“We have also experimented with dIfferent kind of herbs such as thyme and rosemary to produce improvised taste,” he added.

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Not only did the place have a lot to offer in non-vegetarian section but there was also a large share of vegetables, and surprisingly the vegetarian food was equally impressive.

Peynir kebab and Mantar Yahnisi are delights to try. The chef emphasised the fact that he prepared the dishes accoding to Indian palates. “We use much less spices in Turkey. If I serve you what we eat in Turkish homes, you’ll find it horrendously bland.”

Mocktails on offer are different too and go well with Turkish Pide (Pizza). My pizza selection was Demeluzzz pide, which was simply mouth watering. In moctails, I tried Moraccan Mystery, a muddled drink with Pomegranate and Coriander.

The place is full of vibrant vibes to get you high, even though a liquor licence is exexpected.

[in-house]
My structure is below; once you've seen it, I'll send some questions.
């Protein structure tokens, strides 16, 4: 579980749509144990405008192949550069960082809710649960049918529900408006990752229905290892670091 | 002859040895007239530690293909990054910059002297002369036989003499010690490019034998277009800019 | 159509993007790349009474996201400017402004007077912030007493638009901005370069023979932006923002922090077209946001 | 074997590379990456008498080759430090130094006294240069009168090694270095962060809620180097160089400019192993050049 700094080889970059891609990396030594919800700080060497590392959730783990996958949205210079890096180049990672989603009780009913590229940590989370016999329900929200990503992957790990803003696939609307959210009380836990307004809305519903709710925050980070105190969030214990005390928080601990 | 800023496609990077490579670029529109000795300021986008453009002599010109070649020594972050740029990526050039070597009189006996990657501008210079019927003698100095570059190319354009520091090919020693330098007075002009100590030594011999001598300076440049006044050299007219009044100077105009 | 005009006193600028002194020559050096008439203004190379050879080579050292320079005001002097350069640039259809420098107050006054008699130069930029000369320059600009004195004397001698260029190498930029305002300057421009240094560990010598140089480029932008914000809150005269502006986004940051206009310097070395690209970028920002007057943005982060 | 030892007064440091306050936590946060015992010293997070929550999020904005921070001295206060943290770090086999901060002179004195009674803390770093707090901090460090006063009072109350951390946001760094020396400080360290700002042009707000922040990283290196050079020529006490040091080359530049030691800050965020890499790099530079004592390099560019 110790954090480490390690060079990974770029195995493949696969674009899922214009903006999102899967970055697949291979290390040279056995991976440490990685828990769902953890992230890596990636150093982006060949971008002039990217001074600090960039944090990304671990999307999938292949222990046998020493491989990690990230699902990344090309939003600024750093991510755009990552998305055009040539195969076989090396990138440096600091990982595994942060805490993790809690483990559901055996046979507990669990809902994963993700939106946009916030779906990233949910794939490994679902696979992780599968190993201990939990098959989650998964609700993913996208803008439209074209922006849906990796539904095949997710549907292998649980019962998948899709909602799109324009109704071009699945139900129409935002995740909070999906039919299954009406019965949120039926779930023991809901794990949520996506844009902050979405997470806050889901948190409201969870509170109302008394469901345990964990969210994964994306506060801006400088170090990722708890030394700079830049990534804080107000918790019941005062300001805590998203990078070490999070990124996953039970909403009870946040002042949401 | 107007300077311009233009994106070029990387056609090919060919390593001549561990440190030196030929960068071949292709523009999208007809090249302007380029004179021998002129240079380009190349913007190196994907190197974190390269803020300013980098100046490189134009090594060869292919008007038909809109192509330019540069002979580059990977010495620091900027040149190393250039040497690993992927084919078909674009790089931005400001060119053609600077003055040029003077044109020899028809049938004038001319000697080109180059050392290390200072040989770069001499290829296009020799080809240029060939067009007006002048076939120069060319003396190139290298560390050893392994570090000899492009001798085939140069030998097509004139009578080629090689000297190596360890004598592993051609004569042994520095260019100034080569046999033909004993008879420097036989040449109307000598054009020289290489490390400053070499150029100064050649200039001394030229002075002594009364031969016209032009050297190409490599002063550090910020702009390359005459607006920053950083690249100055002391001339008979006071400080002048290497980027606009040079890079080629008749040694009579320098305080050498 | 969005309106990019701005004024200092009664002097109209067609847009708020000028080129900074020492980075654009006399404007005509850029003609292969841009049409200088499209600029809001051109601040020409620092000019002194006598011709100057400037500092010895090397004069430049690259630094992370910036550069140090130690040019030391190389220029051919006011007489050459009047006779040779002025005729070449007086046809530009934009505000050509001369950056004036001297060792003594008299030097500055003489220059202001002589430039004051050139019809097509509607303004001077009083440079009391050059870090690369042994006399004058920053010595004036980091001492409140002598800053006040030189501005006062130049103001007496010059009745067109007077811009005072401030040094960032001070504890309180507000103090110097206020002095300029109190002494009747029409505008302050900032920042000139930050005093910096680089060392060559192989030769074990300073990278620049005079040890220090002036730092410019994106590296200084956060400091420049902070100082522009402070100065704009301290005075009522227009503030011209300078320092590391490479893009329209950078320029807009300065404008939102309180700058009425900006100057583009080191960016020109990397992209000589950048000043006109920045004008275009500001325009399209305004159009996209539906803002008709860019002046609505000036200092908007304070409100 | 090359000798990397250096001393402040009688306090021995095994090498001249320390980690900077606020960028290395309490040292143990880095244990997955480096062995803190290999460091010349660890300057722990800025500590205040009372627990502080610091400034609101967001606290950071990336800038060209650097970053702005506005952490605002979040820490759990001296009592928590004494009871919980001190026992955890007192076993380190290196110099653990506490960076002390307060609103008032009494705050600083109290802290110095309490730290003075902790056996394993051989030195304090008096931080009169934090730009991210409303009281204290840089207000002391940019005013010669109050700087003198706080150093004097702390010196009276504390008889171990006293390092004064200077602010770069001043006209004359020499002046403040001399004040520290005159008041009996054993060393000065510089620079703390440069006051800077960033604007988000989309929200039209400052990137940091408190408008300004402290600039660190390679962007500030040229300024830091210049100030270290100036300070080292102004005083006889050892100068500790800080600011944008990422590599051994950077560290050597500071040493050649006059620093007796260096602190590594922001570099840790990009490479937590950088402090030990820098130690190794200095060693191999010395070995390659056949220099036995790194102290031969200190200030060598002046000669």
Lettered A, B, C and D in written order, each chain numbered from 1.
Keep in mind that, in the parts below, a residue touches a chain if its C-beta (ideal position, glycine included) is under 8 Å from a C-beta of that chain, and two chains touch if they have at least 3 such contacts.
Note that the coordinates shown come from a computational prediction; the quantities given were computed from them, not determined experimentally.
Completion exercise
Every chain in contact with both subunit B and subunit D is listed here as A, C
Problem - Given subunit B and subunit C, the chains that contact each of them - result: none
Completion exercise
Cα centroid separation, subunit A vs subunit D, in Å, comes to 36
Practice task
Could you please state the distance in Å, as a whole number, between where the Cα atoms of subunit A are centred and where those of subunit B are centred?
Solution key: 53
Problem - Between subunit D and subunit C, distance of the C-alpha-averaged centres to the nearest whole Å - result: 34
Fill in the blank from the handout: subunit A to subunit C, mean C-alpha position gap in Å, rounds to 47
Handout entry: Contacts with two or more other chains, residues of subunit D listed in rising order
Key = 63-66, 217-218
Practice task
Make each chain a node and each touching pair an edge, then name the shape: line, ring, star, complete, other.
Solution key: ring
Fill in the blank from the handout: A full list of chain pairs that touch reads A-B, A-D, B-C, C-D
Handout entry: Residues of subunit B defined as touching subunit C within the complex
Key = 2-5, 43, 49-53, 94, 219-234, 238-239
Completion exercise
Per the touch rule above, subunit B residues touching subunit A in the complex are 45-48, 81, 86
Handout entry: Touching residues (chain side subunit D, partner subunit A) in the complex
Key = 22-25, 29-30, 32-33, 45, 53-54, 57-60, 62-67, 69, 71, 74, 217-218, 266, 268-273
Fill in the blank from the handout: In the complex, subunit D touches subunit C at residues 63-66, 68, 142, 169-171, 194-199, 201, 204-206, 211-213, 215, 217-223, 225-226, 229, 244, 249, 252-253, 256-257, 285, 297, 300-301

FAQs:

Location: Building 3, Local Shopping Complex, Mazjid Moth, GK 2, New Delhi

Meal for two: Rs 2,000 (without liquor).

Must Haves: Tavuklu Pide, Cigar Borek, Urfa Kebab, Woodo Paynir, Baklava Duo, Pumpkin Catalana. (IANS)

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Farmers To Grow Modified Cotton With Its Seed Edible

Many of the world’s roughly 80 cotton-producing countries, especially in Asia and Africa, have populations that face malnutrition that could be addressed with the new plant

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An experimental cotton plant is shown at a Texas A&M research facility in this handout image provided by the Texas A&M University College of Agriculture and Life Sciences in College Station, Texas, U.S. VOA

U.S. regulators have cleared the way for farmers to grow a cotton plant genetically modified to make the cottonseed edible for people, a protein-packed potential new food source that could be especially useful in cotton-growing countries beset with malnutrition.

The U.S. Department of Agriculture Animal and Plant Health Inspection Service on Tuesday lifted the regulatory prohibition on cultivation by farmers of the cotton plant, which was developed by Texas A&M University scientists. The plant’s cottonseed cannot be used as food for people or as animal feed yet in the United States because it lacks Food and Drug Administration approval.